The Effects of Bio Content and Type of Resin on FRP Wet Layup Tensile and Bond Strength to Concrete and Durability Under Freeze-Thaw Cycles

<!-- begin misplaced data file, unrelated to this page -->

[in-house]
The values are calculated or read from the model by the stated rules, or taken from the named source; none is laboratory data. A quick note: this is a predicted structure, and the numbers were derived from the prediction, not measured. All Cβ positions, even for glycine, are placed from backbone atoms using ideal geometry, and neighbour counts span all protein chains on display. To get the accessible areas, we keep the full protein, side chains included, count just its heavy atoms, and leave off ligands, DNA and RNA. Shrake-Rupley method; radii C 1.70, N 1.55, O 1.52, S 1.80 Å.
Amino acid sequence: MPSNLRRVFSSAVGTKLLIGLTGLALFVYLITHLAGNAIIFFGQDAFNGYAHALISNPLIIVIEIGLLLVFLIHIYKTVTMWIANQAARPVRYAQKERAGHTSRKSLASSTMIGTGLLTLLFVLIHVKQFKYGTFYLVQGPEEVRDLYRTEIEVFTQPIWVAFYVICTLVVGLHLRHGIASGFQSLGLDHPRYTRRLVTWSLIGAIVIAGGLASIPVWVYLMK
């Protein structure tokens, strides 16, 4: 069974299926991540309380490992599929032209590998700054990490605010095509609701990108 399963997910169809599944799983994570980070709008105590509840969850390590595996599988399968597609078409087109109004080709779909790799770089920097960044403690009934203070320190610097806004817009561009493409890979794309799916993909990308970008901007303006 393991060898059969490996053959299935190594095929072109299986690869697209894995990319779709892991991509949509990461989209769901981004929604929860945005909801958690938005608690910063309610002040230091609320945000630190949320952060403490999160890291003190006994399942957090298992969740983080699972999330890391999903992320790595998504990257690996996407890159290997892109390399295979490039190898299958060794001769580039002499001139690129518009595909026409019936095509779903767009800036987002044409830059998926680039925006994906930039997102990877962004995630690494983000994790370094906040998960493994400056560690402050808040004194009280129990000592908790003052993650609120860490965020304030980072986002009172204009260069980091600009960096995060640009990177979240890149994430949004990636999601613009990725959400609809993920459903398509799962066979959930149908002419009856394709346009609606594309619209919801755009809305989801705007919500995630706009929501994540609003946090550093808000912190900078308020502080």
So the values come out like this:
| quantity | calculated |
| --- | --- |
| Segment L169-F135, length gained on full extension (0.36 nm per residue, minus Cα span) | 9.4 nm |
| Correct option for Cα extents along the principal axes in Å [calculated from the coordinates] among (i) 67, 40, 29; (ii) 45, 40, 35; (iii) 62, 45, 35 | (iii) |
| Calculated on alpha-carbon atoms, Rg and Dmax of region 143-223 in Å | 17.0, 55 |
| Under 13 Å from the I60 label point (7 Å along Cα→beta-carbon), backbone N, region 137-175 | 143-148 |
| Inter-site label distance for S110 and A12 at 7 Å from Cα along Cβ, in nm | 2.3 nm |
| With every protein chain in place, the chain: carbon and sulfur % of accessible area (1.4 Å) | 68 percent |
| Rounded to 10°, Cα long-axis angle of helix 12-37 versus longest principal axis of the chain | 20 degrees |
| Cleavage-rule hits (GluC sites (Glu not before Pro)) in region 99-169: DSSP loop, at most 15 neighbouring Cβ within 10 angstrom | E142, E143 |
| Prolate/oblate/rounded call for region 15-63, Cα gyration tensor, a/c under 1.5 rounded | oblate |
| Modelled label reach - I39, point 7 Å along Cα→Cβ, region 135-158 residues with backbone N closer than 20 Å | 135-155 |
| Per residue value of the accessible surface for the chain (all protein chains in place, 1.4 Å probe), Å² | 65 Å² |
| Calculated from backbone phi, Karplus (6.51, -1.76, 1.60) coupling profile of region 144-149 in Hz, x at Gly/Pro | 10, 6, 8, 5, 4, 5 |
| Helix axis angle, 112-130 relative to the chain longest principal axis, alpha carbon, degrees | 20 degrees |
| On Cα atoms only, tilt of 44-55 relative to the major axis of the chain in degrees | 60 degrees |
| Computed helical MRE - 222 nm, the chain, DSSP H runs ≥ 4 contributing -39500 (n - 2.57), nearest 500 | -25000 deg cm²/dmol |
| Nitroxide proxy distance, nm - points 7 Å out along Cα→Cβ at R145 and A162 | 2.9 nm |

This study focused on replacing conventional unsustainable resins currently used in the fabrication of externally bonded Fibre Reinforced Polymers (FRP) with bio-based resins. The first two phases of this study explored three partially bio-based resin blends, namely; one with 41% of its content derived from vegetable and wood industry by-products (VW), a cashew nut shell liquid (CN) resin blend and an epoxidized linseed oil (ELO) resin blend. The mix ratios with epoxy were varied to obtain 20 to 40% bio content for the CN resin, and 10 to 40% bio content for the ELO resin. Both glass (G) and carbon (C) fibres were investigated. Ninety tension coupons and sixty lap splice specimens were tested as part of the first phase of this study. The VW specimens had mean tensile strength (fu) within 9% of the epoxy (E) FRP specimens. The CN30%-CFRP specimens had a similar fu compared to the E-CFRP specimens, while the CN40%-GFRP specimens had a fu, 15% lower than the E-GFRP specimens. ELO20%-CFRP specimens had a fu similar to the E-CFRP specimens and the ELO30-G specimens had a fu, 13% higher than the E-GFRP specimens. In the second phase, small concrete beam bond test specimens were tested to compare FRP bond strengths. It was found that the VW resin, with the highest bio content of 41%, had similar bond strength compared to epoxy. The ELO resin with 20% bio content showed the highest bond strength, at 30% higher than epoxy. The CN resin, at 20 to 30% bio content, resulted in comparable bond strengths compared to epoxy. This final phase examined the effects of freeze-thaw (FT) cycling on both FRP coupons and large-scale reinforced concrete beams with externally bonded FRPs fabricated with three different resins – a furfuryl alcohol fully bio resin, an epoxidized pine oil partial bio resin and the E resin. The FT conditioning was found to have minimal effects on the tensile strength and modulus of the FRP coupons. For the beams, the ultimate strengths after FT conditioning increased by 7 to 17%, likely due to the additional concrete curing during thawing in water.